If the rhizome is large, you can divide it into two or four parts. In this case, you will get new plants that will quickly take root in the new place. If you want to have many plants, you can divide the hosta into smaller pieces. Each piece should have roots and two to three buds.

You can use a shovel, axe, or saw when working with large shrubs. These tools are great for dissecting plants.

In the case of small rhizomes or compact varieties, you need to be delicate. Use a well-sharpened knife for cutting. Try to cut along the fibers. If the plant is small, do not divide it by more than half.

Next, spray the wounds with a fungicide solution or powder them with ash. After that, the plants can be planted in a new location.

Read more: How To Split Hostas?

Generative propagation

One of the most interesting ways to propagate hostas is by sowing seeds. Many collectors around the world sow huge amounts of seeds every year, hoping to get new varieties of these beautiful plants. 

In late summer the seeds mature, the seed boxes dry out and open, at which time you can collect the seeds. Cut off the flower stems and place them on a table, being careful not to scatter the seeds. Separate all the seeds from the dried inflorescences with your hands. Then peel the seeds from the dried seed pods.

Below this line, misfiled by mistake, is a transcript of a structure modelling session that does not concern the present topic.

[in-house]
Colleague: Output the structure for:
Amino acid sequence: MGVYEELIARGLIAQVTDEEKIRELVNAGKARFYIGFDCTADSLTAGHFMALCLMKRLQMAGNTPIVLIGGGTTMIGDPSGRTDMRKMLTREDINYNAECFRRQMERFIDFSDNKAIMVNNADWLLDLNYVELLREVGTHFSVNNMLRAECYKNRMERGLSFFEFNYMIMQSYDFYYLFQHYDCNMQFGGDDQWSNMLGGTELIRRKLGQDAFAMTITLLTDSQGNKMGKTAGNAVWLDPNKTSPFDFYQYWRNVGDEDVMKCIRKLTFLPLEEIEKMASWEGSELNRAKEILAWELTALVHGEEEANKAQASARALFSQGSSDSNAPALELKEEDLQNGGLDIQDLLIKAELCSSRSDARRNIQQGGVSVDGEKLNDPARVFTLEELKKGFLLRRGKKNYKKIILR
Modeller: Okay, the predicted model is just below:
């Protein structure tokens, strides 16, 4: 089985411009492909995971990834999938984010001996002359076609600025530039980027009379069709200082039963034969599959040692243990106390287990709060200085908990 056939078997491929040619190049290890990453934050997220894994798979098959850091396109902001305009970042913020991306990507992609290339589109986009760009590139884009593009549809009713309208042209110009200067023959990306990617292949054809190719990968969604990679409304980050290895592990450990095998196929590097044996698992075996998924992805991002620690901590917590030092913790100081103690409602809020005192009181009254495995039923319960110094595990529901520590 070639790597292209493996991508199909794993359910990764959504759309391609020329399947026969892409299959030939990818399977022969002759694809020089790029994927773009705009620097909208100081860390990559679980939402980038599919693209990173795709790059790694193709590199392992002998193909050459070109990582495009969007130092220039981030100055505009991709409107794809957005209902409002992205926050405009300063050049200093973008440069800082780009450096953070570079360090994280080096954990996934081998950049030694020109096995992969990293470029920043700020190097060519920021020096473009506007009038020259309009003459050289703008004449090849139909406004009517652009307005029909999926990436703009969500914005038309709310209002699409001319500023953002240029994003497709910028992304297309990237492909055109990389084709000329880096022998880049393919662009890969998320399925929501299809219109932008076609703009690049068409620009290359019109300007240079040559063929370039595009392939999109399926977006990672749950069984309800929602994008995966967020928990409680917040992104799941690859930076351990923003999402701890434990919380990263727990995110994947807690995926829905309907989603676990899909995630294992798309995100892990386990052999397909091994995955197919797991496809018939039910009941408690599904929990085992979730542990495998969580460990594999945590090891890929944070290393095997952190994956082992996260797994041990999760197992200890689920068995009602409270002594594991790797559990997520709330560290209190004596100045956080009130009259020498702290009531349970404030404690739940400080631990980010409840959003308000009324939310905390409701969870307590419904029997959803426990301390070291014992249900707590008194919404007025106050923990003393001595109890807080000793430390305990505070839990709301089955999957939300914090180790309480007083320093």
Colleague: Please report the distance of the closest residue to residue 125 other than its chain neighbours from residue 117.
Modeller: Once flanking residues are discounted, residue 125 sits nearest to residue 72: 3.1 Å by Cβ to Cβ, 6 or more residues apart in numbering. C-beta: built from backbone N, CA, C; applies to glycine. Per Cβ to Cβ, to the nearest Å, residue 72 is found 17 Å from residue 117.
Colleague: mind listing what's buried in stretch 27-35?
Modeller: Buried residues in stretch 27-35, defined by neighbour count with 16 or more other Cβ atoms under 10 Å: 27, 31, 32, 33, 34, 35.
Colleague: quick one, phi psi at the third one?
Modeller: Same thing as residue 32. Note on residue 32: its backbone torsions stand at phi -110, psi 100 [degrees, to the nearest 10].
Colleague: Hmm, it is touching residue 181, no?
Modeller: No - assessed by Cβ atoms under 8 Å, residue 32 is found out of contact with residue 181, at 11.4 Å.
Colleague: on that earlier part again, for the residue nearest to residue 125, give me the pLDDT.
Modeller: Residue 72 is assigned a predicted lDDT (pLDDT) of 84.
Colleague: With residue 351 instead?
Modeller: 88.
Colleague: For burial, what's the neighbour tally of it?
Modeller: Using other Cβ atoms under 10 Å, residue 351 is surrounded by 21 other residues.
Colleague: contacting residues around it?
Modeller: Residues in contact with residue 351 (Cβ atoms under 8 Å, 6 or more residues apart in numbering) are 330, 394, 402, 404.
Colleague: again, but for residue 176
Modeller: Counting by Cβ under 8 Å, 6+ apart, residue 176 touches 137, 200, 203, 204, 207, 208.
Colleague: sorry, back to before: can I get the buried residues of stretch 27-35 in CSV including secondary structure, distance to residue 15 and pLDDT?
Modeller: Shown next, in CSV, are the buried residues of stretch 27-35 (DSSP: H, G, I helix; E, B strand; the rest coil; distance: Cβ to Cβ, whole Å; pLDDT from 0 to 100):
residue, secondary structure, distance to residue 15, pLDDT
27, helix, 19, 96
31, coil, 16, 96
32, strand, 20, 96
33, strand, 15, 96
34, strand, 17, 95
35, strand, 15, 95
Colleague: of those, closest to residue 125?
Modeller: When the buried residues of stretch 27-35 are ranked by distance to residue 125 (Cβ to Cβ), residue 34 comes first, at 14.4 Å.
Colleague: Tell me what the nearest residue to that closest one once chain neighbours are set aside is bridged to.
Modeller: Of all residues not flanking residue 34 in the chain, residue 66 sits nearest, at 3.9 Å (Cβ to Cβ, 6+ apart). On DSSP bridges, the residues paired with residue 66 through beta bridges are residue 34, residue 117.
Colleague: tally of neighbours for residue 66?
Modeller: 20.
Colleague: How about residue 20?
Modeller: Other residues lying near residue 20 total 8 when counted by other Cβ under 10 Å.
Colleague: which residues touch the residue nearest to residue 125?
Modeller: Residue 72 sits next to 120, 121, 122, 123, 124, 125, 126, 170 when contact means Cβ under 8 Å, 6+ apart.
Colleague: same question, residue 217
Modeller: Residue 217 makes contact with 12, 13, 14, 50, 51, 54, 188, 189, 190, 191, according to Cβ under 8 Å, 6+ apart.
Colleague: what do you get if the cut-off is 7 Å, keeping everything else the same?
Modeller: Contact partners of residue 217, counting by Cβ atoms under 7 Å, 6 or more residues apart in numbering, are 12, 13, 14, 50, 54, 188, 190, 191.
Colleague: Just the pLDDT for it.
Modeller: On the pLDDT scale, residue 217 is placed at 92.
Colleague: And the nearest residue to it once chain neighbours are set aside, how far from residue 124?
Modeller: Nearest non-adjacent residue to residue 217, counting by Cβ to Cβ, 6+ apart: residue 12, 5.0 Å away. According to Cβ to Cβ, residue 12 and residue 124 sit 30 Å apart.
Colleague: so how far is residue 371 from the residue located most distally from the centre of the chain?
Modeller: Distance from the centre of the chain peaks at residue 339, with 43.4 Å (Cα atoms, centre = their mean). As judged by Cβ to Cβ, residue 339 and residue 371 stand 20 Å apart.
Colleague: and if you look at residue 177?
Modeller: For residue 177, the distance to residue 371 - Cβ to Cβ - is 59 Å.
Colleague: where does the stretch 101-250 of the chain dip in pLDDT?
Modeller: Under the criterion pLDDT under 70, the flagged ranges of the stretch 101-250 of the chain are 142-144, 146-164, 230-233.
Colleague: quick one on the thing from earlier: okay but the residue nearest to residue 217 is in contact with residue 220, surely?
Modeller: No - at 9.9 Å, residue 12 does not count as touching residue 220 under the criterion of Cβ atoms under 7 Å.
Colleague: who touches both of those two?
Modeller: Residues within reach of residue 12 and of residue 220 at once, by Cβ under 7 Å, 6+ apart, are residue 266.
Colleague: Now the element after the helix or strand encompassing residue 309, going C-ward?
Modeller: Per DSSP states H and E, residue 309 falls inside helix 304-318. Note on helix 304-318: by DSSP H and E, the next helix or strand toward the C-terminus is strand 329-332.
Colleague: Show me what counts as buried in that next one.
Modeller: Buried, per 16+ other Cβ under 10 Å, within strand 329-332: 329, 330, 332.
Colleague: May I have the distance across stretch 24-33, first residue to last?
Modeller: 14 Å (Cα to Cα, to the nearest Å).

The seeds should be sown in the spring, so place them in a dry place, away from pests. It is best to use a paper box, which will absorb moisture so that no fungus will form on the seeds. It is not necessary to keep the seeds in a warm room, the garage will be perfect for this.

Hosta seeds can live for quite a long time. They do not deteriorate when exposed to frost.

You can sow them the following spring. Many hybridizers claim that seeds are viable for 18 months.